Intricate Handiwork

By Zachary Block '99 / September / October 2002
June 29th, 2007
Hand surgeons sometimes reattach a finger lost while chopping vegetables or cleaning grass from a lawnmower. Much rarer is the "replantation" of an entire hand, especially one as small as a child's, but that's exactly the task that faced Manuel DaSilva '91 M.D. on August 4. The procedure is so uncommon that DaSilva, a clinical assistant professor of orthopedics, didn't believe the nurse who told him to postpone another operation because a seven-year-old boy whose hand had been severed by a log splitter was on his way to the hospital. Minutes later the boy and his iced hand arrived by helicopter.

Over the next eleven hours DaSilva and a team of surgeons at Providence's Hasbro Children's Hospital - including Sean Griggs, a clinical instructor of orthopedics, and three Brown Medical School residents - reconnected the bone and sewed together the tendons, veins, arteries, and nerves in the boy's hand and arm. Although the boy will need extensive physical therapy, DaSilva says he should eventually regain nearly full use of the hand.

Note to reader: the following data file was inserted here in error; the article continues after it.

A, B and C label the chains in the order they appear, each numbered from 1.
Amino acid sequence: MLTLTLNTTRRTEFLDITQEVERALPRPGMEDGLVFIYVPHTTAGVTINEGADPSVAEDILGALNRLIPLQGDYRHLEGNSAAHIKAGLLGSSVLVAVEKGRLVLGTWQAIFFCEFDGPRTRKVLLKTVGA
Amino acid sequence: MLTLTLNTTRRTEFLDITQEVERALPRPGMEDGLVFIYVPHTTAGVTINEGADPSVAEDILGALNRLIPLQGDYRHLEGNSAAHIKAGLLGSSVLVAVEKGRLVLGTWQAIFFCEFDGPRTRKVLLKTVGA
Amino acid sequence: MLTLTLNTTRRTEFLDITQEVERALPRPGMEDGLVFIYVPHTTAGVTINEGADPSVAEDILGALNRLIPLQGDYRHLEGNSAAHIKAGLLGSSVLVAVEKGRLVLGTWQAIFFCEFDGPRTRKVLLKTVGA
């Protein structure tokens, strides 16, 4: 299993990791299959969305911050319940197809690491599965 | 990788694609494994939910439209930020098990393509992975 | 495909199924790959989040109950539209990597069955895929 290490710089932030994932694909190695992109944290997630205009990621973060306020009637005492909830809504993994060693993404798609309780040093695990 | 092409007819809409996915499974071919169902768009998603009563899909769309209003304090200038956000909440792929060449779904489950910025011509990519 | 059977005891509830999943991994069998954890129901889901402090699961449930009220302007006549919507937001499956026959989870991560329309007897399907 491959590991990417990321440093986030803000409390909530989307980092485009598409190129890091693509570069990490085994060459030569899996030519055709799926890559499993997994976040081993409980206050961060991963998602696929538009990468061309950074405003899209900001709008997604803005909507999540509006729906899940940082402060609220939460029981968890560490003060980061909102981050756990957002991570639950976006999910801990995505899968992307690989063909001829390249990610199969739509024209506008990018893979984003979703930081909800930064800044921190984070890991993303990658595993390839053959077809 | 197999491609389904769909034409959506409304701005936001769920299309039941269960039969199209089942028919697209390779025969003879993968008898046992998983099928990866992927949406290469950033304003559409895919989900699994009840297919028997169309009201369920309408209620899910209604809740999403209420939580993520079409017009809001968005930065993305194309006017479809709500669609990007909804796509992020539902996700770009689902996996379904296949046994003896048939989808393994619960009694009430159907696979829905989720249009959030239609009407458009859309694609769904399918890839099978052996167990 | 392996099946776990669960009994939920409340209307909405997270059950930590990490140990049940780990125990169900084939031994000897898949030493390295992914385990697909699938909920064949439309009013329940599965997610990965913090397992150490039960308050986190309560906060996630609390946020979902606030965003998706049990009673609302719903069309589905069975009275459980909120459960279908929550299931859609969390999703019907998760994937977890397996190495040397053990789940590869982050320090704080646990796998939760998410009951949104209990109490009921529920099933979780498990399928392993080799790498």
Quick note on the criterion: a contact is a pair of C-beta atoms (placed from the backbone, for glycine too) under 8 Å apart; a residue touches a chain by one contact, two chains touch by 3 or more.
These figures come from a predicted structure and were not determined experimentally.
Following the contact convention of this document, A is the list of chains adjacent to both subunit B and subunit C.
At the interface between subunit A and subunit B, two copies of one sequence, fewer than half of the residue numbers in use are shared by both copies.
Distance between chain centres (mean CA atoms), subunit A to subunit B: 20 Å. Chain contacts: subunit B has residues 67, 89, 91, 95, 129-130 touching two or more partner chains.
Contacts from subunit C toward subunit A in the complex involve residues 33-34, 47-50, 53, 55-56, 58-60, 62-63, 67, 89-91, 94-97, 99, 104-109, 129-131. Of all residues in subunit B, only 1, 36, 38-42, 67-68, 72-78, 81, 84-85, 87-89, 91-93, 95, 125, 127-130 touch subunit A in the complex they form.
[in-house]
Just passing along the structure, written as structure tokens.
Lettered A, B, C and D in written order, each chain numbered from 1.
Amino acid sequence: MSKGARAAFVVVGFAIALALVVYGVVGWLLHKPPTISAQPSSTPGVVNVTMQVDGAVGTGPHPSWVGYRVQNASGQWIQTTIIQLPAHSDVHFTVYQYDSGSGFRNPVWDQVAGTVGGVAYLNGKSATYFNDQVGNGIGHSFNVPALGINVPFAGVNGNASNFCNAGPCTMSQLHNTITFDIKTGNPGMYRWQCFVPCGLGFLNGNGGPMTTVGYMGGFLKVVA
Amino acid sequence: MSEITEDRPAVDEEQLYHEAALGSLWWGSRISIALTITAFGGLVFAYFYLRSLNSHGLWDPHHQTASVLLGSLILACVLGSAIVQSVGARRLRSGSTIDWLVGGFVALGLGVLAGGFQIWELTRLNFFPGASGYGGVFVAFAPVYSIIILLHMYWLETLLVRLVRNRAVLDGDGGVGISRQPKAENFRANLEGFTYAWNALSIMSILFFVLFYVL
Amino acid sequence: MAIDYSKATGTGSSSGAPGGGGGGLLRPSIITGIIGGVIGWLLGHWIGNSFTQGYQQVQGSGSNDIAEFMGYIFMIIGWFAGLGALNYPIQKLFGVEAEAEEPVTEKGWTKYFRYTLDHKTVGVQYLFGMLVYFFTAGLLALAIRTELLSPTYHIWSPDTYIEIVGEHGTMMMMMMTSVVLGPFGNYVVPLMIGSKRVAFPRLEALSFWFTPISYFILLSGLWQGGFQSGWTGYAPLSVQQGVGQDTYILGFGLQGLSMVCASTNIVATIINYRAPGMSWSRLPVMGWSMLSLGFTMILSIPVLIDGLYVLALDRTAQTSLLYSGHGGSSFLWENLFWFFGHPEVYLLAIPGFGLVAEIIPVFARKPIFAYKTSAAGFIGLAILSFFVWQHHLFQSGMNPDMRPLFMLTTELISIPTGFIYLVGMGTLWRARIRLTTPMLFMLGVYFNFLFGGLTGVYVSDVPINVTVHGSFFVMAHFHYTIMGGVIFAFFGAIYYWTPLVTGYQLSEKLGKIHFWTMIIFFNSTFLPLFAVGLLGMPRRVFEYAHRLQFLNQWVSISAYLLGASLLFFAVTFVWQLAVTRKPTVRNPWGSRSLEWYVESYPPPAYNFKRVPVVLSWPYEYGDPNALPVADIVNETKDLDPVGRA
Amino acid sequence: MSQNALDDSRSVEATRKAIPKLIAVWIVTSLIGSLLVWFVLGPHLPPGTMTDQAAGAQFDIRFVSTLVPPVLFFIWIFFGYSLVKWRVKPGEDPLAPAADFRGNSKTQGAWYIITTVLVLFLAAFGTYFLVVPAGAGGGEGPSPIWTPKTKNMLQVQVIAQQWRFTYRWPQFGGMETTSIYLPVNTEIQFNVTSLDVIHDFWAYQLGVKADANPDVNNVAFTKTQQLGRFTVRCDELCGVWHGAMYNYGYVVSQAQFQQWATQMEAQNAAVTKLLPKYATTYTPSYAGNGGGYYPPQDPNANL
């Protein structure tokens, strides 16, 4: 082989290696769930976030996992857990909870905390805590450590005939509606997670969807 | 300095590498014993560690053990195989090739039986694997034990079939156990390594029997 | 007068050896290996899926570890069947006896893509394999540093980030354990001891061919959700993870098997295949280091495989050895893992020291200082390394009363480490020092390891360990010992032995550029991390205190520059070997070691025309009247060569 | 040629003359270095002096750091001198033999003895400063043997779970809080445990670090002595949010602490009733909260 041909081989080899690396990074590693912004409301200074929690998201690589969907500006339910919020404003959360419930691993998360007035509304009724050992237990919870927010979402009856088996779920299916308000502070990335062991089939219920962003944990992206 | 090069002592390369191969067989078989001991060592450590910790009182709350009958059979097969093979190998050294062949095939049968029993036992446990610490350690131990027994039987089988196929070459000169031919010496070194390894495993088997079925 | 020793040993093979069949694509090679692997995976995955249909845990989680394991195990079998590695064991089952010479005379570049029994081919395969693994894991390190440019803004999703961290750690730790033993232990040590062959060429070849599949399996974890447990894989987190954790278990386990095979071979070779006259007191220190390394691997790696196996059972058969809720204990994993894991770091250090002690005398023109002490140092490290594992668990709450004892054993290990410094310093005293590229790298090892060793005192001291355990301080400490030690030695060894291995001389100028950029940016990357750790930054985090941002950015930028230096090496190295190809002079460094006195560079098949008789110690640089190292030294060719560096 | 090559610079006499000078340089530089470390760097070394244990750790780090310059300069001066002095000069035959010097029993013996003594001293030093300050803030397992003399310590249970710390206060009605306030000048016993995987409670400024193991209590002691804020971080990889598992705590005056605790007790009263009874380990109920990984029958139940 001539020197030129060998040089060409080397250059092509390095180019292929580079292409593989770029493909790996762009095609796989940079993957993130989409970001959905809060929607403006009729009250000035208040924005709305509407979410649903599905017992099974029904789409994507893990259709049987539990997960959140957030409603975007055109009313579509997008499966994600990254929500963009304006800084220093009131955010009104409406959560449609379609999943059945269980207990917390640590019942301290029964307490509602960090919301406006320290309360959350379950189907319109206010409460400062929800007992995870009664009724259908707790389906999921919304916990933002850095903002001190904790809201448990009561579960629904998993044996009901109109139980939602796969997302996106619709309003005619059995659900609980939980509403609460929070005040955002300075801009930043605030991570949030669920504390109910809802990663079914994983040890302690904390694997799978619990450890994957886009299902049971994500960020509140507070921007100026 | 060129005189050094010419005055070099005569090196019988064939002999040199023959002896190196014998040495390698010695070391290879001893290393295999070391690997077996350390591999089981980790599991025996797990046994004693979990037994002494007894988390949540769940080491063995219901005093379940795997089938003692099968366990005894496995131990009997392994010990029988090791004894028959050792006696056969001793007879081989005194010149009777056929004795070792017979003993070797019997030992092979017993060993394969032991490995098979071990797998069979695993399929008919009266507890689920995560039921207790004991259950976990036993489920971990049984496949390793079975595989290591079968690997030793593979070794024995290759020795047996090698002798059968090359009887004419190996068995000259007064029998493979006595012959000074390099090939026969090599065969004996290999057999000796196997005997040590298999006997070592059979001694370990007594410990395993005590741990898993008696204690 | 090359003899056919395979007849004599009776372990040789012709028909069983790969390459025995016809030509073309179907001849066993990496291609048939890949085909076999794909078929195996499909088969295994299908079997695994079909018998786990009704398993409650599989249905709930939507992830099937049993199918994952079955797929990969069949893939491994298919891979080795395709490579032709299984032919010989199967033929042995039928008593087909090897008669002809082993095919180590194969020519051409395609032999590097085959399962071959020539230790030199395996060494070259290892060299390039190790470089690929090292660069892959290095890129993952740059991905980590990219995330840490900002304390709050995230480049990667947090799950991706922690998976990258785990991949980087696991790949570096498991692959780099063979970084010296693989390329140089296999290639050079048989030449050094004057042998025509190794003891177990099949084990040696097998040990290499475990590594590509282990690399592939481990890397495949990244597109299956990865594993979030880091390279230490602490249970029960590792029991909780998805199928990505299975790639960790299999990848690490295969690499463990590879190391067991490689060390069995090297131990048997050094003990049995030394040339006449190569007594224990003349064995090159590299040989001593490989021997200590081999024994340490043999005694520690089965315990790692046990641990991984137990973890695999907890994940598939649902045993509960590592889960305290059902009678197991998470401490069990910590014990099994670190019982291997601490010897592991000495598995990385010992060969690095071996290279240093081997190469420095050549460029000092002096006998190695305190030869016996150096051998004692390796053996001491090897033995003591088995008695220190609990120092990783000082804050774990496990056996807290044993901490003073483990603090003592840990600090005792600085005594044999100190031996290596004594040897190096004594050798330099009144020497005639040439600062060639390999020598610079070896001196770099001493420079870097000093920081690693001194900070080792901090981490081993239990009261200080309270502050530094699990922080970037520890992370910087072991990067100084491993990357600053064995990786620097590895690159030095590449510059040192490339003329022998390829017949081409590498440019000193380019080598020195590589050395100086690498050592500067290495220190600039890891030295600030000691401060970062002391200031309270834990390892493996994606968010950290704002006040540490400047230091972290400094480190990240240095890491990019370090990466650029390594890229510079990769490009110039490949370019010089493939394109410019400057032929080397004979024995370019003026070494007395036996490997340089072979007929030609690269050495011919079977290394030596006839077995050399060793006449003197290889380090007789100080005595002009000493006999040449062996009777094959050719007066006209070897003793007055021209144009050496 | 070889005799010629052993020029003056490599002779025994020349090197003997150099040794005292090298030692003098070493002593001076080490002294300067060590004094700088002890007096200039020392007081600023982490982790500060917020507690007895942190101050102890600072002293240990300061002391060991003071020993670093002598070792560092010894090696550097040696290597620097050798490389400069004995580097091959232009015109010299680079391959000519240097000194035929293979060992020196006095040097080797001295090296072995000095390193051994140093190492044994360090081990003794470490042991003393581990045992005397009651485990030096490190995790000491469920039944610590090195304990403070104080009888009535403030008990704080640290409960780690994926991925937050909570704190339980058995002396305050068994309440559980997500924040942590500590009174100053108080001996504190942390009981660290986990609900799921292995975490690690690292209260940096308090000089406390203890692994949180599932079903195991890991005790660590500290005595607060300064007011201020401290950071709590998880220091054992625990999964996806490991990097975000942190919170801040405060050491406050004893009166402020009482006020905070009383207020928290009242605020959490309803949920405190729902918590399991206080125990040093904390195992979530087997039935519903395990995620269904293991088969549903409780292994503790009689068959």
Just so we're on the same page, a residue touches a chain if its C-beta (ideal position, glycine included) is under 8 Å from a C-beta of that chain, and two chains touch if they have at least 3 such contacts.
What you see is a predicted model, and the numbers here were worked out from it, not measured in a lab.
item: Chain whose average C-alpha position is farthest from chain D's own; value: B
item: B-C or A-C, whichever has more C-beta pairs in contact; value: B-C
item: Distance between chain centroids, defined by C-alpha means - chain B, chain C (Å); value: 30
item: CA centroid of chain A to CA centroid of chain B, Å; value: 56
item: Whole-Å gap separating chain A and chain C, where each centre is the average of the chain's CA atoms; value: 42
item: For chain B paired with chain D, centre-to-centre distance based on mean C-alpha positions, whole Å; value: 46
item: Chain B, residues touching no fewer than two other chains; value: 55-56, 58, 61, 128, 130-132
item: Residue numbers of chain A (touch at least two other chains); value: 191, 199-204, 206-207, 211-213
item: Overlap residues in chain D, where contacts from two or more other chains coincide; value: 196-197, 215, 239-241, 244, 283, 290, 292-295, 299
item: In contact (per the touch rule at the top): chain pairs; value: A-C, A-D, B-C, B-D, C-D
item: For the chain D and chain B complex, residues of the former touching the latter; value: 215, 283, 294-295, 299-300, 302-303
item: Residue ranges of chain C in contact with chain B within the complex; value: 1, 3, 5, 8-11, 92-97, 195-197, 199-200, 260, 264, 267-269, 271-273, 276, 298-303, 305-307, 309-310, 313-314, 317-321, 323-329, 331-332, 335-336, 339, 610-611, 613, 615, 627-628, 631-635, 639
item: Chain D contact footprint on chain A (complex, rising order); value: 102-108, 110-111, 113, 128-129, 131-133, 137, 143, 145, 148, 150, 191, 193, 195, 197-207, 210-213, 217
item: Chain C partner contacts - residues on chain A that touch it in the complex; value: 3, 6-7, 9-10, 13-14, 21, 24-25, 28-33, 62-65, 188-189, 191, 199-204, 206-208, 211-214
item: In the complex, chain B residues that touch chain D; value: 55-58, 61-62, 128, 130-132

DaSilva, who later explained the operation on CNN and the Today show, says he's pleased by the attention the operation has received even though he regularly performs more complicated procedures. "By bringing this out in the news," he says, "parents may say, 'Wow. This could happen to my child. I better not let my child near this kind of machinery.'"

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September / October 2002